The COVID:19 (aka coronavirus) is hitting all aspects of human civilisation, including the global economy and international financial system.
Professor Jamie Morgan, from Leeds Business School, examines the next step-change in technology, known as the fourth industrial revolution.
The Global Financial Crisis (GFC) of 2008, and succeeding sovereign debt crisis, is still making its impact felt in Europe in the form of sluggish growth and high unemployment, particularly at the periphery. Despite apparently buoyant and benign growth in 2017 and the glittering figure of 0.6% in the 3rd quarter of 2017, output is still well below the long-term trend.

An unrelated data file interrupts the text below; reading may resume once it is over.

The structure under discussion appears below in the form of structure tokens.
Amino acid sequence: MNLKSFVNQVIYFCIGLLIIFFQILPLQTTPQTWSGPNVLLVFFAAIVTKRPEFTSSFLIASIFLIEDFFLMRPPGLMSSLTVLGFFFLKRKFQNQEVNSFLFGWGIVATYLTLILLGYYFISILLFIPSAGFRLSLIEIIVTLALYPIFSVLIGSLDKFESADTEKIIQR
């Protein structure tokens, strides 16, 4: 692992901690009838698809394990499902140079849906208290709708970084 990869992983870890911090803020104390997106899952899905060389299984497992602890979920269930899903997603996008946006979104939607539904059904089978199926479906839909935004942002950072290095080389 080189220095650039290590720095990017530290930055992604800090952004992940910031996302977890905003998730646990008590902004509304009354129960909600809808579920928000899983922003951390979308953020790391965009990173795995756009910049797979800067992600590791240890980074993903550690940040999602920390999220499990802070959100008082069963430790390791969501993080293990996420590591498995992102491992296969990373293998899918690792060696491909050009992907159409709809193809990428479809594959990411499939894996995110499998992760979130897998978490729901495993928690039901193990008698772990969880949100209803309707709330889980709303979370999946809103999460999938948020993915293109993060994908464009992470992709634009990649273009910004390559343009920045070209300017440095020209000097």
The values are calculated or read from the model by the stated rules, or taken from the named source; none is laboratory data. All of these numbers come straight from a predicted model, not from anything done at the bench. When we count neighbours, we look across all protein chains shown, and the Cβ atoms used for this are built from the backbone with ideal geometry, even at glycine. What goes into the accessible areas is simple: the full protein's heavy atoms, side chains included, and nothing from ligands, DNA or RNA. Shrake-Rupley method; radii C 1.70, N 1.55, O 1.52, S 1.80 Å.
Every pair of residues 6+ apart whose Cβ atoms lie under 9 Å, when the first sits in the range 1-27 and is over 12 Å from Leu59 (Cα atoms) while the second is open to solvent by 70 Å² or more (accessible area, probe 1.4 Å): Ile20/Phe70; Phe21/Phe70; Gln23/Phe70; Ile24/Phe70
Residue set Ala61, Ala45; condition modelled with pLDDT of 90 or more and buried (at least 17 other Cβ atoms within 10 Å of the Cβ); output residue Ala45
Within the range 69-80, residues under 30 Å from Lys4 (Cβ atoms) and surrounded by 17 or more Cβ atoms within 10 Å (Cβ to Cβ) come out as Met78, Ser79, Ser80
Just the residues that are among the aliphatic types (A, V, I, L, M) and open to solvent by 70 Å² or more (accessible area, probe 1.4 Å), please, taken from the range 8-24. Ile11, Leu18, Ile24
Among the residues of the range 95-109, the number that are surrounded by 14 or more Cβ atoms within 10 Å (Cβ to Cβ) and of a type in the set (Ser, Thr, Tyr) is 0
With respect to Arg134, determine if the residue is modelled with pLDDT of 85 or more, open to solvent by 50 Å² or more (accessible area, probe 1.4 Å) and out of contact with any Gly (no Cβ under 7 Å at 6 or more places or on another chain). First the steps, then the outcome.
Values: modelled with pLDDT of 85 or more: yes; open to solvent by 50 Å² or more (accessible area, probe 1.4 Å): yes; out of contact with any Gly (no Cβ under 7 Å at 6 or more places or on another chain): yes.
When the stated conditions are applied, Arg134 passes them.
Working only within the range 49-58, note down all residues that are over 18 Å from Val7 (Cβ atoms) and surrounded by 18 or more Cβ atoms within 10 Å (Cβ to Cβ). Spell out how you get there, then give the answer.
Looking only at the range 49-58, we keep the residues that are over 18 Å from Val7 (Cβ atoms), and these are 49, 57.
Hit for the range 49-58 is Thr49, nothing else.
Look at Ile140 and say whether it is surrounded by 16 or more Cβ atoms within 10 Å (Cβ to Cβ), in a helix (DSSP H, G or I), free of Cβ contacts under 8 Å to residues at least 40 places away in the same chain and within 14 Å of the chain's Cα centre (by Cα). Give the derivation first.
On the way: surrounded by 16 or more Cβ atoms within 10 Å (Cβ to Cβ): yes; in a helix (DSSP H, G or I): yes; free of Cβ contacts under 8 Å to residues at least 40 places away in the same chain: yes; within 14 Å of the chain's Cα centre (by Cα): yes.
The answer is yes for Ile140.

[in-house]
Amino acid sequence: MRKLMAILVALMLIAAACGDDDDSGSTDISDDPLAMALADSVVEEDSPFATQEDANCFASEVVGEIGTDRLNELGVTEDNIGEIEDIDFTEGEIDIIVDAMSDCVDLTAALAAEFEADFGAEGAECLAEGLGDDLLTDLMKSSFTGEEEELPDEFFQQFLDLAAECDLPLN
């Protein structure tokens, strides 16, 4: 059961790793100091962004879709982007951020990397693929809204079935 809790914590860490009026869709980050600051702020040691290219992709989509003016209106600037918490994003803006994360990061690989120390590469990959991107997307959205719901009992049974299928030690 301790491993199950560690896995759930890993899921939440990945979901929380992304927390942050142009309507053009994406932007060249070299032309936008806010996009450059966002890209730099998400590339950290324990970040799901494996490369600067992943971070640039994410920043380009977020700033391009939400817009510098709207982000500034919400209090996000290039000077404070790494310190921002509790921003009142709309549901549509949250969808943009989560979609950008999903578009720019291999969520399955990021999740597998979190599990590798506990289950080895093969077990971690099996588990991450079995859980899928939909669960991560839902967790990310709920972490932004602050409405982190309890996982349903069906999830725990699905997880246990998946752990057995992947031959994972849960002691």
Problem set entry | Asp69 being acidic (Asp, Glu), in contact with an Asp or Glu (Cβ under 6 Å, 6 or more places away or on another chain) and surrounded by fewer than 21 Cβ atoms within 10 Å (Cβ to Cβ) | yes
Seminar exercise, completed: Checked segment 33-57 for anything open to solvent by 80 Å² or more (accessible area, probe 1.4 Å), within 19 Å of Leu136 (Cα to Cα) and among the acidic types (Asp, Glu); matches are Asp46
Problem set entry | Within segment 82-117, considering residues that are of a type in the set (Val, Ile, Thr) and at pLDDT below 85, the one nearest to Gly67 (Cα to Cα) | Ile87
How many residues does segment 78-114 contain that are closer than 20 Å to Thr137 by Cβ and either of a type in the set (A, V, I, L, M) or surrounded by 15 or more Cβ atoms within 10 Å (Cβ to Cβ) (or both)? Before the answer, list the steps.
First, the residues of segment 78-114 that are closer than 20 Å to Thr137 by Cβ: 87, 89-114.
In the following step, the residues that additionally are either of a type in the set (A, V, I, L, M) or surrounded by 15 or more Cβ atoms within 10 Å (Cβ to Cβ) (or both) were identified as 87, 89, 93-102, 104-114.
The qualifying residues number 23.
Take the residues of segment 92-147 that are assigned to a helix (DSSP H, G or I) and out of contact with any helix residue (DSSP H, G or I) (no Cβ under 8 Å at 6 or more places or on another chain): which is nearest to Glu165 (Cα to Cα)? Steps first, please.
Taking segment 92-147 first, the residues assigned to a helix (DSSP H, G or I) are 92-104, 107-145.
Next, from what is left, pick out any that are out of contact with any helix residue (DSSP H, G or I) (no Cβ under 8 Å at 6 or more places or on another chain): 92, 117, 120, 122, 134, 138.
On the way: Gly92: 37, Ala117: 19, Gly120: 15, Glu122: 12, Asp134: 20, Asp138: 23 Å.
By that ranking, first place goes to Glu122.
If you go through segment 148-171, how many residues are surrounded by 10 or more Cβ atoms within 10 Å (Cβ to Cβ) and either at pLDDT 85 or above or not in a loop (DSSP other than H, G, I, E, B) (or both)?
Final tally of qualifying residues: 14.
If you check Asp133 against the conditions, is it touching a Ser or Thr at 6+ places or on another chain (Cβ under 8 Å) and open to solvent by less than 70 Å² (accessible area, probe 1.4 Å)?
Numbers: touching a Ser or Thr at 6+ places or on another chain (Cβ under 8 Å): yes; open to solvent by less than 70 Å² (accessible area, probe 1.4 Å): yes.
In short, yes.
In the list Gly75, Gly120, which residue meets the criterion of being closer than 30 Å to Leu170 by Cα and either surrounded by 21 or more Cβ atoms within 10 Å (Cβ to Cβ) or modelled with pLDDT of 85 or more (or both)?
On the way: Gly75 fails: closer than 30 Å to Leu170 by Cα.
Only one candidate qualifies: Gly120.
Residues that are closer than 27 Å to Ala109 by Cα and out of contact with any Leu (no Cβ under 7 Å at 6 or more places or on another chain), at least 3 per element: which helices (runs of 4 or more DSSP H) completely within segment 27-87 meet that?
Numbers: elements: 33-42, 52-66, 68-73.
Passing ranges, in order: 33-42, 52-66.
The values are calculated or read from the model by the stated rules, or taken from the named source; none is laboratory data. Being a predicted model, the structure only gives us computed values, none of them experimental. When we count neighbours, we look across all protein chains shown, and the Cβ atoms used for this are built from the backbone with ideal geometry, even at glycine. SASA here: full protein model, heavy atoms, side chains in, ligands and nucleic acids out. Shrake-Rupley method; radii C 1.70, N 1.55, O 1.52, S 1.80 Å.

The UK has been grappling with a “productivity puzzle”. For the government and Office for National Statistics (ONS) this is something specific. It is the slowdown (described as a downward deviation) of output per hour from its previous upward trend.
It is over a year since the referendum vote signalled the start of Brexit, and in that time UK businesses have experienced mixed fortunes.
What has business got to do with politics? Go to a business school and you might be hard-pressed to find any answer. Yet business has everything to do with politics: regulation, taxes, opportunities for enterprise; government investment in business and infrastructure; lobbying; corruption; the nature and purpose of business, and so on. The arrival of President Trump on the scene makes it even more interesting.
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